For some people, asking them to decide at age 18 what kind of work they want to do for the next couple decades is like asking them to speak French when they've been learning Spanish. Little wonder that a growing number of women are changing careers in their 40s, 50s and 60s. Three women who pursued new paths and reinvented themselves share their tales of metamorphosis.
Goodbye corporate world
After more than 35 years as an accountant, Norma J. Swenson bid farewell to the corporate world. But five years into retirement, Swenson says, she felt bored and wondered what to do next. One thing she knew for certain was that she was not interested in working in an office environment again.
After a friend of hers who worked in home health care encouraged her to consider the field, Swenson became a caregiver with Home Health United . “I am having a ball,” she says. “I think maybe this was my calling all along.” She enjoys the change of pace, she says, and not being under end-of-the-month time restraints and corporate structure.
Swenson admits that changing directions was a little frightening at first. “My greatest fear was that I would do it wrong, that I wouldn't be able to handle a situation,” she says. “I've found that all I have to do is ask, and they [clients] are more than willing to tell me what they want and how they want it.”
The switch also required a change in thinking on her part. “I never thought that I was outgoing, where I could carry on conversations with people,” Swenson says. She learned that she loves interacting with people, especially in their homes; the job responsibilities fit quite well with her homemaker interests and skills. “It makes me feel good, too, that I can put a little happiness in their life,” she adds.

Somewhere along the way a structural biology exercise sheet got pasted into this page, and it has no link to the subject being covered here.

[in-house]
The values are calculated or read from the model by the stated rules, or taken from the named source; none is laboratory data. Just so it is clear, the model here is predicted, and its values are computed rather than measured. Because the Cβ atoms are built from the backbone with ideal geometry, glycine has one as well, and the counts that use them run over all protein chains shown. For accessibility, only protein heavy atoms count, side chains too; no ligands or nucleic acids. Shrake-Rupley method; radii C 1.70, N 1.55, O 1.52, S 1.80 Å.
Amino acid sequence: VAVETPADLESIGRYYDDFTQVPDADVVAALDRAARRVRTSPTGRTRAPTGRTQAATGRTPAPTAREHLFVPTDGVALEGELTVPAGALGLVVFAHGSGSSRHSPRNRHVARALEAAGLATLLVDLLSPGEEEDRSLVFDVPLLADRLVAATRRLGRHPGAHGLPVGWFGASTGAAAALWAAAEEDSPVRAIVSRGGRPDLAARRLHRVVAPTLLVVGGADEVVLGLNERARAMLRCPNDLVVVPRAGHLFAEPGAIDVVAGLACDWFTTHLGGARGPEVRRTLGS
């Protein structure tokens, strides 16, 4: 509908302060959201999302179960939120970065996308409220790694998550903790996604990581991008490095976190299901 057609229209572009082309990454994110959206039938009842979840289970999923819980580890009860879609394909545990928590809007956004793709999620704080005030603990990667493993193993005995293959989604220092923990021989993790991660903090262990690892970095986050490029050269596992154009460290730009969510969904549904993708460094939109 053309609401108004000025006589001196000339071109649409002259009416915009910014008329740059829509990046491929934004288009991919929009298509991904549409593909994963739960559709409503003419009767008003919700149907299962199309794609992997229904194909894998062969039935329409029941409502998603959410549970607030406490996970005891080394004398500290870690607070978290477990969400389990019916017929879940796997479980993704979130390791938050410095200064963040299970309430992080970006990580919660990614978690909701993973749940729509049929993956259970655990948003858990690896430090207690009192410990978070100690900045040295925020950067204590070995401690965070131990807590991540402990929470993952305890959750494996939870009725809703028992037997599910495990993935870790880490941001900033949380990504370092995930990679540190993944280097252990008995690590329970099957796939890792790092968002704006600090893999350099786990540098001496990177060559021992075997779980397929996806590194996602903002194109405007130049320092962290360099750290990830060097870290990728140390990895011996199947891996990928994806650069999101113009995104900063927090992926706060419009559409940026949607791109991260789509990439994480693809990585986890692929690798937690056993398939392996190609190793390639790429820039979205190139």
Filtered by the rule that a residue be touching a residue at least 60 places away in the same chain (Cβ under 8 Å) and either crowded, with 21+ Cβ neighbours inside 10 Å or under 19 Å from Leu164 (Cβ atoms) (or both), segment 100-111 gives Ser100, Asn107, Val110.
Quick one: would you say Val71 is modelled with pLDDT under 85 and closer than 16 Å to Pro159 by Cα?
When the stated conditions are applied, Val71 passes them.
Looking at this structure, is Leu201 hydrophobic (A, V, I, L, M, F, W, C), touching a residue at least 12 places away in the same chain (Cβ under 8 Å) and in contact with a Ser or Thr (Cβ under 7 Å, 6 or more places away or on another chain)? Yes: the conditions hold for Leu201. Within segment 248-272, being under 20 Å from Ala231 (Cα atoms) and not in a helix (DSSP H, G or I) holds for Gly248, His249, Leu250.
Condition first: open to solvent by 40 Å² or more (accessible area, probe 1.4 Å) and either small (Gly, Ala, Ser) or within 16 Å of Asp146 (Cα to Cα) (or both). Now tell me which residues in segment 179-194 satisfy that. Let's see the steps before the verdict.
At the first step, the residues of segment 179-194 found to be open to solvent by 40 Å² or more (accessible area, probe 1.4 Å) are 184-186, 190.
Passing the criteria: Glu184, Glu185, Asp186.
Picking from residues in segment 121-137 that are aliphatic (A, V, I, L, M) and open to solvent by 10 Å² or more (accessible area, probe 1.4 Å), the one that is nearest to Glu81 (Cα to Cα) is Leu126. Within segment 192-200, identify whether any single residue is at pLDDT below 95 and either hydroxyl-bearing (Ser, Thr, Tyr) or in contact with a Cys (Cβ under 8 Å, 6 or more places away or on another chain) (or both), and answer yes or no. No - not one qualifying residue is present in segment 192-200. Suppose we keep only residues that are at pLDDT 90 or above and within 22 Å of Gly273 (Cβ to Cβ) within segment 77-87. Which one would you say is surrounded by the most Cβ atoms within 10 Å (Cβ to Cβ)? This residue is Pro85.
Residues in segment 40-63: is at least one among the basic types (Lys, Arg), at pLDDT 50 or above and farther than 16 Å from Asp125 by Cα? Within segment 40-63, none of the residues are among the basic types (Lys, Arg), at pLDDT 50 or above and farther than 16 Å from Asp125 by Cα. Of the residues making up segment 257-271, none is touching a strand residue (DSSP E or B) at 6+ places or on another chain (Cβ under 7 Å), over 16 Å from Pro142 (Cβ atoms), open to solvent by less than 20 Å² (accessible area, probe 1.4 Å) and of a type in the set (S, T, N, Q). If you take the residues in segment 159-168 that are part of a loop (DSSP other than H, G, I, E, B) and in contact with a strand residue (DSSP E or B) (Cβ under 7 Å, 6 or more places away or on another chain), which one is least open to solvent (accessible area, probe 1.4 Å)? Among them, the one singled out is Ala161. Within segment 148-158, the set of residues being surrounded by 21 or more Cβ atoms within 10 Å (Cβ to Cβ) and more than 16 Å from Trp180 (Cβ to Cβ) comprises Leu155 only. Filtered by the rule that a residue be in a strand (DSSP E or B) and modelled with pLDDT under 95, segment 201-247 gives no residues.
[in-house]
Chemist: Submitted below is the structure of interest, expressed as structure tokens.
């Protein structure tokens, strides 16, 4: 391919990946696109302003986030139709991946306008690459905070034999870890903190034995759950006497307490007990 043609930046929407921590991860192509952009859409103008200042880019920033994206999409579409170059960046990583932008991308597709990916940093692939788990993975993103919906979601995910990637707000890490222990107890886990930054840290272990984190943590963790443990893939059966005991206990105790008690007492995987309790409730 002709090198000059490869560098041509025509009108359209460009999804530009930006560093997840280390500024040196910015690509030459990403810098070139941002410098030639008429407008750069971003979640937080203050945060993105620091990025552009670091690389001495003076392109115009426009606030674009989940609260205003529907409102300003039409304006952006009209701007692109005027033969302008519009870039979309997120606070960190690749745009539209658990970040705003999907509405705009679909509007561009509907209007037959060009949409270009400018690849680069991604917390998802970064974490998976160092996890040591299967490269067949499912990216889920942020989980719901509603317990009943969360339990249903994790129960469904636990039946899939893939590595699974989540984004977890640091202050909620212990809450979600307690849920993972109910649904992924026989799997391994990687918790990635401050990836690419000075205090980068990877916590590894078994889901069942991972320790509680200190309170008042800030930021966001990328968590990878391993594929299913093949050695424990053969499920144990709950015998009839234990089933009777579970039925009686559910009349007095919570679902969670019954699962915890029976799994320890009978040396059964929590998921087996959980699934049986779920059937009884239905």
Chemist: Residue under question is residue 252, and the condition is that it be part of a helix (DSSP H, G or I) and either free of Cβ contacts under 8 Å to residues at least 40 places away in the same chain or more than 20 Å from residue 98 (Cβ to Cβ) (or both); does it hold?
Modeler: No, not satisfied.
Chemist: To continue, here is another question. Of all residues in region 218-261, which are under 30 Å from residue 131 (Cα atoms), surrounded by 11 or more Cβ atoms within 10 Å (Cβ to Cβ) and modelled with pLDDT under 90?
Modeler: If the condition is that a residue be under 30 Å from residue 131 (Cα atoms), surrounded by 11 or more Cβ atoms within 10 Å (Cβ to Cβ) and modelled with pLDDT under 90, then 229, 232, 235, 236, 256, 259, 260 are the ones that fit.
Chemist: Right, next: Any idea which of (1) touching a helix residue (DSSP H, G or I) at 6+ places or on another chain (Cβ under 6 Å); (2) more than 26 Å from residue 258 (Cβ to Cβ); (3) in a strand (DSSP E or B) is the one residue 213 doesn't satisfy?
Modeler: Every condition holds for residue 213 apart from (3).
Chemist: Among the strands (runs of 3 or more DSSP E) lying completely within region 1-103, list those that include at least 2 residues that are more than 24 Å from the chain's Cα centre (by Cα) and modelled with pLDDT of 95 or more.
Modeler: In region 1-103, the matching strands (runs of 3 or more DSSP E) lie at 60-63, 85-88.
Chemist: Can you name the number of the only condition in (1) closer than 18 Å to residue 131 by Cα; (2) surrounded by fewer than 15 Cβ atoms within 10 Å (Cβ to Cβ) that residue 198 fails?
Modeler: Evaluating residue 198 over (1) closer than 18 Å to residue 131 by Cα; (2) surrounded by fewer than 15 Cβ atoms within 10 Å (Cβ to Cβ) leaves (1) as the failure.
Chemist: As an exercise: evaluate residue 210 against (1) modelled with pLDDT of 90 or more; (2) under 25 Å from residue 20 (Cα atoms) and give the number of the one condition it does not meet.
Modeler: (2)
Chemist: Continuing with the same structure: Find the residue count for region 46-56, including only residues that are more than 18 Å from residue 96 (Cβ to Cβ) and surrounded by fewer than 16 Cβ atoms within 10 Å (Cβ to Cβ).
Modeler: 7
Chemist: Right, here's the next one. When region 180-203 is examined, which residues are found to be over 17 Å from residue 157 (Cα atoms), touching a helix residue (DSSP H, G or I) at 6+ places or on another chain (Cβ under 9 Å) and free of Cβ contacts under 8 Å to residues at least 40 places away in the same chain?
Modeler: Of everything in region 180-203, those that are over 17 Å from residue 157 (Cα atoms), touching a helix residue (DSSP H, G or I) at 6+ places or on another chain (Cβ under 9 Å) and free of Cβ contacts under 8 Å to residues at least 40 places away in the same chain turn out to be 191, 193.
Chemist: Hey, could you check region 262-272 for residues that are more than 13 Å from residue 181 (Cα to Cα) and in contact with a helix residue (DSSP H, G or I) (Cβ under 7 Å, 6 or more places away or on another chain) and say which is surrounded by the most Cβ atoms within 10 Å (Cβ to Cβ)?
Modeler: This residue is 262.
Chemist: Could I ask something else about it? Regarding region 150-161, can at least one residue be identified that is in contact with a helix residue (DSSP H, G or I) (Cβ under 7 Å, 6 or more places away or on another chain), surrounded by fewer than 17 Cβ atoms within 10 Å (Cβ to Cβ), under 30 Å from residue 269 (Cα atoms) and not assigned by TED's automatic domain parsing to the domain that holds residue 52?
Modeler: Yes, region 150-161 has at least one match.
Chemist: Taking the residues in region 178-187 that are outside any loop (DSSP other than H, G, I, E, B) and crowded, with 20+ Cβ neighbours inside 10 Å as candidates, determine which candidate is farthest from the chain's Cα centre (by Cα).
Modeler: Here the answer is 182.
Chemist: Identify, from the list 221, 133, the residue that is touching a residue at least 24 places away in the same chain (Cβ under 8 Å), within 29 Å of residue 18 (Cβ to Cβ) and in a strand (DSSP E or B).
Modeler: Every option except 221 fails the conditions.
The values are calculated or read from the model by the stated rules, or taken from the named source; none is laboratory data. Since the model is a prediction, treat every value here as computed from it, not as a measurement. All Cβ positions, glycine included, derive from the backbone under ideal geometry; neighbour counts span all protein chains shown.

Nancy Endres ,
who worked in city and state government for numerous years, often felt “it was just a job.” She explains: “I think when you don't feel it's giving back, it can be a mundane, 40-hours-a-week type thing.” Now 57, Endres has changed gears several times during the last three decades. She went from working in the Legislature to directing a nonprofit organization. At 45, she started a new career as a Mary Kay consultant (independent contractor), which she still enjoys today.
Endres says being able to diversify as you learn within each career leads to more options in the future. “I kept diversifying my skills; I kept learning new things,” she says. “I knew politics, I knew sales, and I knew secretarial, and I could parlay that into a management position.” Endres, who attributes her ability to “move past the glass ceiling” to having attained multiple skills to market, encourages young women to do the same.
Endres believes that beginning around age 40, women start to know their strengths and weaknesses. “What I knew is I didn't want to work [full time] until I'm 62 or 65, but I want to stay connected,” she says. “I wanted to create a back-up plan for when I'm over 60…” Having worked in the field of aging, she was keenly aware she did not want to look back and regret the choices she made and the opportunities she missed. Endres defined what was most important to her in a career: to be able to use her skills in a meaningful way and to have freedom and flexibility to pursue passions like travel, painting and reading.
Focus on your passions
Clara Hurd Nydam , president of Career Momentum, Inc ., knows firsthand the importance of focusing on your strengths and what you enjoy doing, not just what you have great skill at. “There's a difference between skill and talent and what really drives a person,” says Nydam. “For instance, I was a great typist; I could type really fast, but that wasn't enough…” She found she needed ways to express her creativity, “the things I couldn't get behind a secretary's desk or a receptionist's desk where I was doing someone else's stuff.” She became a career counselor first; then a couple years later, started her own business when working for someone else didn't give her “the ability to expand my horizons beyond just routine performance.”